Bounded arithmetic.

*(English)*Zbl 0649.03042
Studies in Proof Theory. Lecture Notes, 3. Napoli: Bibliopolis. VII, 221 p. (1986).

This is a reprint, with minor corrections, of the author’s Ph. D. dissertation submitted to the Department of Mathematics at Princeton University in May 1985. The thesis advisor was Simon Kochen.

The main objective of the thesis is to relate the so-called polynomial hierarchy studied in Computer Science to appropriate subsystems of Peano Arithmetic. This is achieved in a quite convincing way. To show that a function definable in such a subsystem of Peano Arithmetic actually belongs to the proper level of the polynomial hierarchy the author uses techniques from proof theory (essentially cut elimination), in the spirit of earlier work by Kreisel. (In a postscript the author notes that Alex Wilkie has reproved this result by a model theoretic method). However, the long-standing open problems concerning the polynomial hierarchy (like \(P=?NP,\quad NP=?coNP)\) remain open, in spite of the fact that the author obtains some nice equivalent formulations of these problems in proof theoretic terms.

In Chapter 1 the polynomial hierarchy is introduced, first by schemata, the main one being what the author calls limited iteration (a version of Grzegorczyk’s bounded recursion), then by the usual definition in terms of Turing machines, and finally in a more logical form using bounded formulas of arithmetic. All three definitions are proved to be equivalent. (As the author states, these results are originally due to Cobham, Stockmeyer and Wrathall).

Chapter 2, entitled Foundations of bounded arithmetic, introduces the subsystems of Peano Arithmetic referred to above which are to be related to the polynomial hierarchy. Among the basic functions the author has x#y:\(=2^{| x| \cdot | y|}\), where \(| x|\) denotes the length of the binary representation of x. The main reason for the introduction of this function is that the author intends to build an analogue \(\Sigma^ b_ i\) of the usual arithmetic hierarchy: unbounded quantifiers of the arithmetic hierarchy are to be replaced by bounded ones, i.e. \(\forall x\leq t\), and bounded quantifiers of the arithmetical hierarchy (which can be disregarded there) are to be replaced by “sharply bounded” ones, i.e. \(\forall x\leq | t|\) (which can also be disregarded in his hierarchy). Now to achieve this, it must be possible to replace a quantifier combination (\(\forall x\leq | s|)(\exists y\leq t)\) by (\(\exists w\leq r)(\forall x\leq | s|)\) with a suitable r built from s and t; this r requires an order of magnitude provided by the #-function.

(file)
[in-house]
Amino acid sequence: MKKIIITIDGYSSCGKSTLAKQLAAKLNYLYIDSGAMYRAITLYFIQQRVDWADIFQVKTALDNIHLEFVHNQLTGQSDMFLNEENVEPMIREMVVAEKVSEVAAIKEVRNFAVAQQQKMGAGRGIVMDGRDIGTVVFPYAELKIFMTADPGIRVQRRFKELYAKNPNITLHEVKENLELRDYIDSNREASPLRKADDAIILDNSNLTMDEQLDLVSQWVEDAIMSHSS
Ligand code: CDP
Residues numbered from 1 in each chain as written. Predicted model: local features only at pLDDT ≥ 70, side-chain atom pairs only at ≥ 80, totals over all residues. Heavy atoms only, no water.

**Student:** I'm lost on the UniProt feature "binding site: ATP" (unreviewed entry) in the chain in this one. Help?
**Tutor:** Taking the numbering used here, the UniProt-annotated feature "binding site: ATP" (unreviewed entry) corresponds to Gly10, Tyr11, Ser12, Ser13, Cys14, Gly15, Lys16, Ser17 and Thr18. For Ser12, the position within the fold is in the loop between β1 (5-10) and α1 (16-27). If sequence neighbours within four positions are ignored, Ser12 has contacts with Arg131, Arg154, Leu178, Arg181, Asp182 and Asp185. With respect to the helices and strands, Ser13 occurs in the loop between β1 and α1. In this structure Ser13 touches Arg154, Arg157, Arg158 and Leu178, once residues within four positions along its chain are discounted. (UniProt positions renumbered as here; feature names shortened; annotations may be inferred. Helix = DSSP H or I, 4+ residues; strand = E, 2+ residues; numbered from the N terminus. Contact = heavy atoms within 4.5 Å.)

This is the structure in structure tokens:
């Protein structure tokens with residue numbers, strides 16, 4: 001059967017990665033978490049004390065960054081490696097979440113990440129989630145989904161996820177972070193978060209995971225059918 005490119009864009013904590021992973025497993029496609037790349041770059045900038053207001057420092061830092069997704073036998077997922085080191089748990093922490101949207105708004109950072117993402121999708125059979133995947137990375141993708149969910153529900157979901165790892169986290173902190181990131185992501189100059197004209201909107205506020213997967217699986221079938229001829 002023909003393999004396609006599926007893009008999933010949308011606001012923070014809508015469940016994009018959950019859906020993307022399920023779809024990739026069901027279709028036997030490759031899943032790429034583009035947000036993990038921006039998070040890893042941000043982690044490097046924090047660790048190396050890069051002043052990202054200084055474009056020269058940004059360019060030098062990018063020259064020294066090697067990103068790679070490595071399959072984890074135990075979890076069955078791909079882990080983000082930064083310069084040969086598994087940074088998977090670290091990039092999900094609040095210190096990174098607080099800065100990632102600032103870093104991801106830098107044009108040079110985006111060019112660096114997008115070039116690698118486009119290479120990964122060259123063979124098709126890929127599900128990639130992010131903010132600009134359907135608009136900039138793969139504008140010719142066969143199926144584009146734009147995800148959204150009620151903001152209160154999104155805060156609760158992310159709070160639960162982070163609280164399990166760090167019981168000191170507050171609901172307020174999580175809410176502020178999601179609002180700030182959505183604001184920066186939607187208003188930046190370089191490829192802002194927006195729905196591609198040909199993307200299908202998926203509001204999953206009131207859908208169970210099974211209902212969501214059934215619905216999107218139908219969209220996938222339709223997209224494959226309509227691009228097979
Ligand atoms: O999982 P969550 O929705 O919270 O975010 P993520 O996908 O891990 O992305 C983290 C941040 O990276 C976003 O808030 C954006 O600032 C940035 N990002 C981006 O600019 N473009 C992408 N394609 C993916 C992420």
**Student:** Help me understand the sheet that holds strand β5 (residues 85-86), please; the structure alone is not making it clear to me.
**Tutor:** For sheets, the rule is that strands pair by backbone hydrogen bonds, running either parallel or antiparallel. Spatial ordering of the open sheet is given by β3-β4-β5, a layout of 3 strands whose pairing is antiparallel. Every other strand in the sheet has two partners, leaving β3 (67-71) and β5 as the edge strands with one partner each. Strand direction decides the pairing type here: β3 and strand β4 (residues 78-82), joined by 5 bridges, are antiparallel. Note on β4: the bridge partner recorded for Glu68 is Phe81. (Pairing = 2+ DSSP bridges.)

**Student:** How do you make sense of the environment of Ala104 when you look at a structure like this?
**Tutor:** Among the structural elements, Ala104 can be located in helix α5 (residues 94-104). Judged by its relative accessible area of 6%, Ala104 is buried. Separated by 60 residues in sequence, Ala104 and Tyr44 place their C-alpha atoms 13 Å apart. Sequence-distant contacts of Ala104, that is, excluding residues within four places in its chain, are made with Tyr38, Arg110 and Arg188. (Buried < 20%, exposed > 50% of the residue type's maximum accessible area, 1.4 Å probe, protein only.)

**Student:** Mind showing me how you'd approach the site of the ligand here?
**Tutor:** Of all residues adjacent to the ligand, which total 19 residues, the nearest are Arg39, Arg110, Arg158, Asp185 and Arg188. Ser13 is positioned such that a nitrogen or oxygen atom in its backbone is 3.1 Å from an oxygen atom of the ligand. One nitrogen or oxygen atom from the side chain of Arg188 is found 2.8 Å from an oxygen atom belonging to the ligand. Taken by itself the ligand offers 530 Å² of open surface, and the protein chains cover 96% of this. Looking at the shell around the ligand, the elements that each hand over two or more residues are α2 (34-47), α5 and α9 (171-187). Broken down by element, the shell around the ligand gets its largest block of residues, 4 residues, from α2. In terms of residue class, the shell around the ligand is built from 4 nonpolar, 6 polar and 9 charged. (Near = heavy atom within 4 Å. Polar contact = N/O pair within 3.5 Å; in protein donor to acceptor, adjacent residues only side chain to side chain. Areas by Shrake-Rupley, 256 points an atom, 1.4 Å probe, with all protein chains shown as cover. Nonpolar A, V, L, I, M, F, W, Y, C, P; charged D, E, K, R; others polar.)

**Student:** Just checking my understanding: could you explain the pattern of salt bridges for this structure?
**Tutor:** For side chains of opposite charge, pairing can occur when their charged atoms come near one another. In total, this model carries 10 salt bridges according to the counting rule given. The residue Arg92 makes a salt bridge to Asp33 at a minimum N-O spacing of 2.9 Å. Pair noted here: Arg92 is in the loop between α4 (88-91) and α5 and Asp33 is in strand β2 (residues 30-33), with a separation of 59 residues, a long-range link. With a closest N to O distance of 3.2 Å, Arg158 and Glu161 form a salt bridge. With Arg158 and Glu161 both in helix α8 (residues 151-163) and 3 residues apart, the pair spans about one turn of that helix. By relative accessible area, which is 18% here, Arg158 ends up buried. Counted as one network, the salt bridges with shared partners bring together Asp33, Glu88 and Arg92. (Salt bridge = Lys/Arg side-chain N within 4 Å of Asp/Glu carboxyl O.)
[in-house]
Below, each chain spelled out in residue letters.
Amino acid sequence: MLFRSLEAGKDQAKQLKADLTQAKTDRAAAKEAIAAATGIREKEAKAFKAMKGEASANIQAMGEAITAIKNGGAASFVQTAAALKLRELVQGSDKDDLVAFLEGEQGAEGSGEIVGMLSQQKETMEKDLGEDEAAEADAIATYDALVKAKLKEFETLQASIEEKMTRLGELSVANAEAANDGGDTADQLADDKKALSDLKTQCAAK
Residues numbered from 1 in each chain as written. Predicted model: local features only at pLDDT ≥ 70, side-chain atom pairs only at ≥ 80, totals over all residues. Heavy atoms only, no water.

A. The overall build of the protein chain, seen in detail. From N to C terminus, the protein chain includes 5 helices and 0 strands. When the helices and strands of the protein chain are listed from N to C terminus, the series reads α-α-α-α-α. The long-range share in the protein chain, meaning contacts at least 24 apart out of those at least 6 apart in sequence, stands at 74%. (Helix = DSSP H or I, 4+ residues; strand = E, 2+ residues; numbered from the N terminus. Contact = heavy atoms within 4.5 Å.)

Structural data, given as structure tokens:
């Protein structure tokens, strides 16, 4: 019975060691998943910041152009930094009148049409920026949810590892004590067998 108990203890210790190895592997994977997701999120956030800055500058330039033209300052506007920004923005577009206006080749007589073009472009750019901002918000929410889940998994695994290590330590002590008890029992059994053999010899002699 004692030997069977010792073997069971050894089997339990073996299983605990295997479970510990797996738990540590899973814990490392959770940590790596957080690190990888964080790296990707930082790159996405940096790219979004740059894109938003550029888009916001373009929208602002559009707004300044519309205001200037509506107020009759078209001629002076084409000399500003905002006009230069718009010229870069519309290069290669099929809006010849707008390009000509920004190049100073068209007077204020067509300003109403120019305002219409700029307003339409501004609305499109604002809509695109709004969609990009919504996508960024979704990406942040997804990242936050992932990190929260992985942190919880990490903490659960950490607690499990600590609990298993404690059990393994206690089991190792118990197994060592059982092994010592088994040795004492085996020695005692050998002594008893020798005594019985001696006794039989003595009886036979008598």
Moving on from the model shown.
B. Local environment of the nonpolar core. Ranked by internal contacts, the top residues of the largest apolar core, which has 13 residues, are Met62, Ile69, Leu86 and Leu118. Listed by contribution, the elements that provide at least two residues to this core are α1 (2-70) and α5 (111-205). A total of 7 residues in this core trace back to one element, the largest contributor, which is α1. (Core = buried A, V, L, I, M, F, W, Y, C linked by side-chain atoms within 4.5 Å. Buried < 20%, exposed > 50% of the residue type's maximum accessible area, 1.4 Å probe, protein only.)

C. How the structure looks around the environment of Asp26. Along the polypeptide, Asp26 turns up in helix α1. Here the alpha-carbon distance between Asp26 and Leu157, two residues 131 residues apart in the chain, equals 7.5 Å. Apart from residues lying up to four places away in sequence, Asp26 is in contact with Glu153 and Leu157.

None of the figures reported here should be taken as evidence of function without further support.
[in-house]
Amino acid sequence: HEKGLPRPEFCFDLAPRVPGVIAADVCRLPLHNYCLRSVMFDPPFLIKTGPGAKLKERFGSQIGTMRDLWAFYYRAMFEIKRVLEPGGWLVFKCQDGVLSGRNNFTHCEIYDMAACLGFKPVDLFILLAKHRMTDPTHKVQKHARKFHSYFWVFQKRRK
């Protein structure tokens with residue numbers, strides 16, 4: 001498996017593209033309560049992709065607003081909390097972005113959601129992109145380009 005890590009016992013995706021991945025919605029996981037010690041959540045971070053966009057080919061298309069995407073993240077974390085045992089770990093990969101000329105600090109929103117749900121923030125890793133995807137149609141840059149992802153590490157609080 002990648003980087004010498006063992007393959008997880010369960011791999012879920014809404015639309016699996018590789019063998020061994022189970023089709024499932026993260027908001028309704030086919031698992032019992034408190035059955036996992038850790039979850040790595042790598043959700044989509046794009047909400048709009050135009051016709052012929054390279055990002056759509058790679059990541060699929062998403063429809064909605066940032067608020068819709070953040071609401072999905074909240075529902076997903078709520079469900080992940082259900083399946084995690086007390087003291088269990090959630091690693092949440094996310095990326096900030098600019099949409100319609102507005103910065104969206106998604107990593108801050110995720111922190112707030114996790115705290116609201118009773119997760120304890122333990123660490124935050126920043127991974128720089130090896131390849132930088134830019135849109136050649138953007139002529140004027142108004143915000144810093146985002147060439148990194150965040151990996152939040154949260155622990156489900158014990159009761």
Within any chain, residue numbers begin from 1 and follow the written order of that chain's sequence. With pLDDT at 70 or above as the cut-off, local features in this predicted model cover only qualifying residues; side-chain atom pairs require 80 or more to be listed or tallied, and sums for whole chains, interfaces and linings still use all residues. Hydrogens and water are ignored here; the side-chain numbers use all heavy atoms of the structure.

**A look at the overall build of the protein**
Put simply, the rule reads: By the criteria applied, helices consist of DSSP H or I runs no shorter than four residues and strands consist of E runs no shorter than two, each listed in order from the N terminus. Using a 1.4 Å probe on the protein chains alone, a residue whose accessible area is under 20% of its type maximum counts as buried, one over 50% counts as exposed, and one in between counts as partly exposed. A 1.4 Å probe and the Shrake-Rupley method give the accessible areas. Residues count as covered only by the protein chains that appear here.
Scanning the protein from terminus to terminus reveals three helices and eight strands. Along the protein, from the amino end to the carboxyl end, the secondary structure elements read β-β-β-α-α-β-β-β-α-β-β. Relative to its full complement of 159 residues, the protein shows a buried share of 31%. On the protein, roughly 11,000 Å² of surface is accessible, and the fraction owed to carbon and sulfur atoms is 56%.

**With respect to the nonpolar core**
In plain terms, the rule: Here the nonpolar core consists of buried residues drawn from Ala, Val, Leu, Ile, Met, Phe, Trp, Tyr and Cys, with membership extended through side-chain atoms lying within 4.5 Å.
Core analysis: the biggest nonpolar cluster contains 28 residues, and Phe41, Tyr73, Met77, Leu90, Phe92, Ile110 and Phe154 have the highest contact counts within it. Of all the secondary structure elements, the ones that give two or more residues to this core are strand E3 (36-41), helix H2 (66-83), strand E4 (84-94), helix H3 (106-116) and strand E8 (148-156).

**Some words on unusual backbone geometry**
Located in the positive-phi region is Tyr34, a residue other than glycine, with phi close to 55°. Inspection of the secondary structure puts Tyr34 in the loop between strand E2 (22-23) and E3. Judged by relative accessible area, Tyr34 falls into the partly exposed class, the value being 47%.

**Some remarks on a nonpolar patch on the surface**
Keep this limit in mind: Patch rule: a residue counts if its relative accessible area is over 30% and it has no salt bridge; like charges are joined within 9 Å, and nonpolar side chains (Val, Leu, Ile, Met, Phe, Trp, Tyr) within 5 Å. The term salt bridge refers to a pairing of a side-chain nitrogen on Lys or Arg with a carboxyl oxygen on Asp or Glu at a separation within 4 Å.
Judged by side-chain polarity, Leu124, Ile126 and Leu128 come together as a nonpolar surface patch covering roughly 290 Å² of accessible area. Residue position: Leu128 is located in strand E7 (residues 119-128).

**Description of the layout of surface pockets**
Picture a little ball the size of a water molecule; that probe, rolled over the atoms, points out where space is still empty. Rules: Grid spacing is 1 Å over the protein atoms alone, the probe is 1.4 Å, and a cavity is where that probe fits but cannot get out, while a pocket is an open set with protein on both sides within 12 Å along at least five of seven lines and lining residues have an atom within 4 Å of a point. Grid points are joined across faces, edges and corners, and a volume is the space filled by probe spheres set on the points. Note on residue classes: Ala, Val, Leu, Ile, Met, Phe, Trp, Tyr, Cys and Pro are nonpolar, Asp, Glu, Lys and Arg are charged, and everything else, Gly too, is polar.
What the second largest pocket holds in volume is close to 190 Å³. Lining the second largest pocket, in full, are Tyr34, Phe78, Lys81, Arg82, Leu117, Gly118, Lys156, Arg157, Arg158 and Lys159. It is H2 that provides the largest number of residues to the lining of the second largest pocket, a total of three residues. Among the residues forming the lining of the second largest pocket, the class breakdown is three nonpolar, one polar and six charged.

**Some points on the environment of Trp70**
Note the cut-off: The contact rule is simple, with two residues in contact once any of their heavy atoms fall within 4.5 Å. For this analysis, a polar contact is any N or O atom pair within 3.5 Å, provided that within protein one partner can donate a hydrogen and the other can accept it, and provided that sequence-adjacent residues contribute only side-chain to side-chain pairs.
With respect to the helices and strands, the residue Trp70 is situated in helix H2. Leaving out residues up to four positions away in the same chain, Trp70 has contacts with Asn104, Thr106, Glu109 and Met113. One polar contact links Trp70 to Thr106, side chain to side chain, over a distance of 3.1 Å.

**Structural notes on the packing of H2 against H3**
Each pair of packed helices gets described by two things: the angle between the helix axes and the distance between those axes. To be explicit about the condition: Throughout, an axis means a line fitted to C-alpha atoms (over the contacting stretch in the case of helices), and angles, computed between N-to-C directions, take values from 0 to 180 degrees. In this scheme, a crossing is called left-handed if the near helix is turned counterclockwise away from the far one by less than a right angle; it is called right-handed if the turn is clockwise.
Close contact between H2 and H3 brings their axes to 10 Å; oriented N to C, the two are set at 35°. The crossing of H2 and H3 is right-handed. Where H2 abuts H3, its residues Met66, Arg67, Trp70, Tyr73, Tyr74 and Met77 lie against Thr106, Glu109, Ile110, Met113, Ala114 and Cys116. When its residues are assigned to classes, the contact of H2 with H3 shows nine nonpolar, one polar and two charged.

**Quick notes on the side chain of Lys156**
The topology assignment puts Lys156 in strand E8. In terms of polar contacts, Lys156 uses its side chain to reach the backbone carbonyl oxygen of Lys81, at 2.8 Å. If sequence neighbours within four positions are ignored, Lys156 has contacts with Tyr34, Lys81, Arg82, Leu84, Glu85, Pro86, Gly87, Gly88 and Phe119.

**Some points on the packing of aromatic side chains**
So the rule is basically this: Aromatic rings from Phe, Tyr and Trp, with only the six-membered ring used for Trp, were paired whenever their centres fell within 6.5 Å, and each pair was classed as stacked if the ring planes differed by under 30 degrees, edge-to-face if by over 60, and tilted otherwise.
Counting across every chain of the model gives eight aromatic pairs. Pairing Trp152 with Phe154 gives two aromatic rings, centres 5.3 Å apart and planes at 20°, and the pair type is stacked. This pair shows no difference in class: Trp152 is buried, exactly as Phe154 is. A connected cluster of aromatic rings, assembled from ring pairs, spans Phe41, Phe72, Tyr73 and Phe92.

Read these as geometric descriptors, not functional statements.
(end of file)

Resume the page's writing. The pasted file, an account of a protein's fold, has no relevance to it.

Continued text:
Denote by bounded arithmetic the subsystem of Peano Arithmetic obtained by restricting the induction axioms to bounded formulae. The author introduces the following subsystems of bounded arithmetic: \(S^ i_ 2\) consists of some simple open axioms concerning the basic functions and the induction axioms. \[ \Sigma^ b_ i-PIND\quad A(0)\quad \wedge \quad (\forall x)(A(\lfloor x\rfloor)\quad \to \quad A(x))\quad \supset \quad (\forall x)A(x) \] with \(A\in \Sigma^ b_ i\), \(T^ i_ 2\) contains the usual \(\Sigma^ b_ i\) induction axioms instead. It is proved that \(S^{i+1}\vdash T^ i_ 2\vdash S^ i_ 2\) for \(i\geq 0.\)

The author then heads for the proof of his main result, that the functions at the i-th level \(\square^ p_ i\) of the polynomial hierarchy are exactly the \(\Sigma^ b_ i\)-definable functions in \(S^ i_ 2\). The easy direction (definability of the \(\square^ p_ i\)- functions) is proved in Chapter 3. For the other direction the author wants to apply proof theoretic methods; hence he takes care of the necessary machinery in Chapter 4, entitled “First-order natural deduction systems”. Mainly following Takeuti’s well-known book he proves Gentzen’s cut elimination theorem in a form adapted to bounded arithmetic.

Chapter 5 then gives the proof of his main result, essentially by applying cut-elimination to a given derivation of an existential formula in \(S^ 0_ 2\), then reading off a witness for the existential quantifier and finally estimating the computational complexity of this process.

Chapter 6 proves the equivalence of \(S^ 1_ 2\) to Cook’s equational theory PV [see S. A. Cook, Proc. 7th Ann. ACM Symp. on Theory of Computing, 83-97 (1975; Zbl 0357.68061)]; a slight sharpening of the proof in Chapter 5 is needed to achieve this.

In Chapter 7 it is shown in detail that the first and second Gödel incompleteness theorems hold in \(S^ 1_ 2\). At the end (in 7.6) the author reports some unsuccessful attempts to use the techniques developed for the completeness theorems to prove \(S_ 2^{i+1}\nvdash S^ i_ 2\); this remains to be an open question.

In Chapter 8 the author gives a very pretty proof-theoretic statement equivalent to \(NP=coNP\); he again discusses some unsuccessful attempts to use this for a proof of NP\(\neq coNP.\)

Finally in Chapters 9 and 10 second order systems \(V^ 1_ 2\) and \(U^ 1_ 2\) of bounded arithmetic are introduced. It must be stressed (as the author does) that the notion of second order system used here is different from the usual one: all functions are required to have a polynomial growth rate. In particular, his second order systems are not stronger than Peano Arithmetic. The author is able to prove, again by a proof theoretic method similar to the one in Chapter 1, that a function f is \(\Sigma_ 1^{1,b}\)-definable in \(U^ 1_ 2\) (resp. in \(V^ 1_ 2)\) iff \(f\in PSPACE\) (resp. \(f\in EXPTIME).\)

To conclude, this is a carefully written dissertation, which will be a basic reference for the subject for some time to come. It is good to have it published in this more accessible form.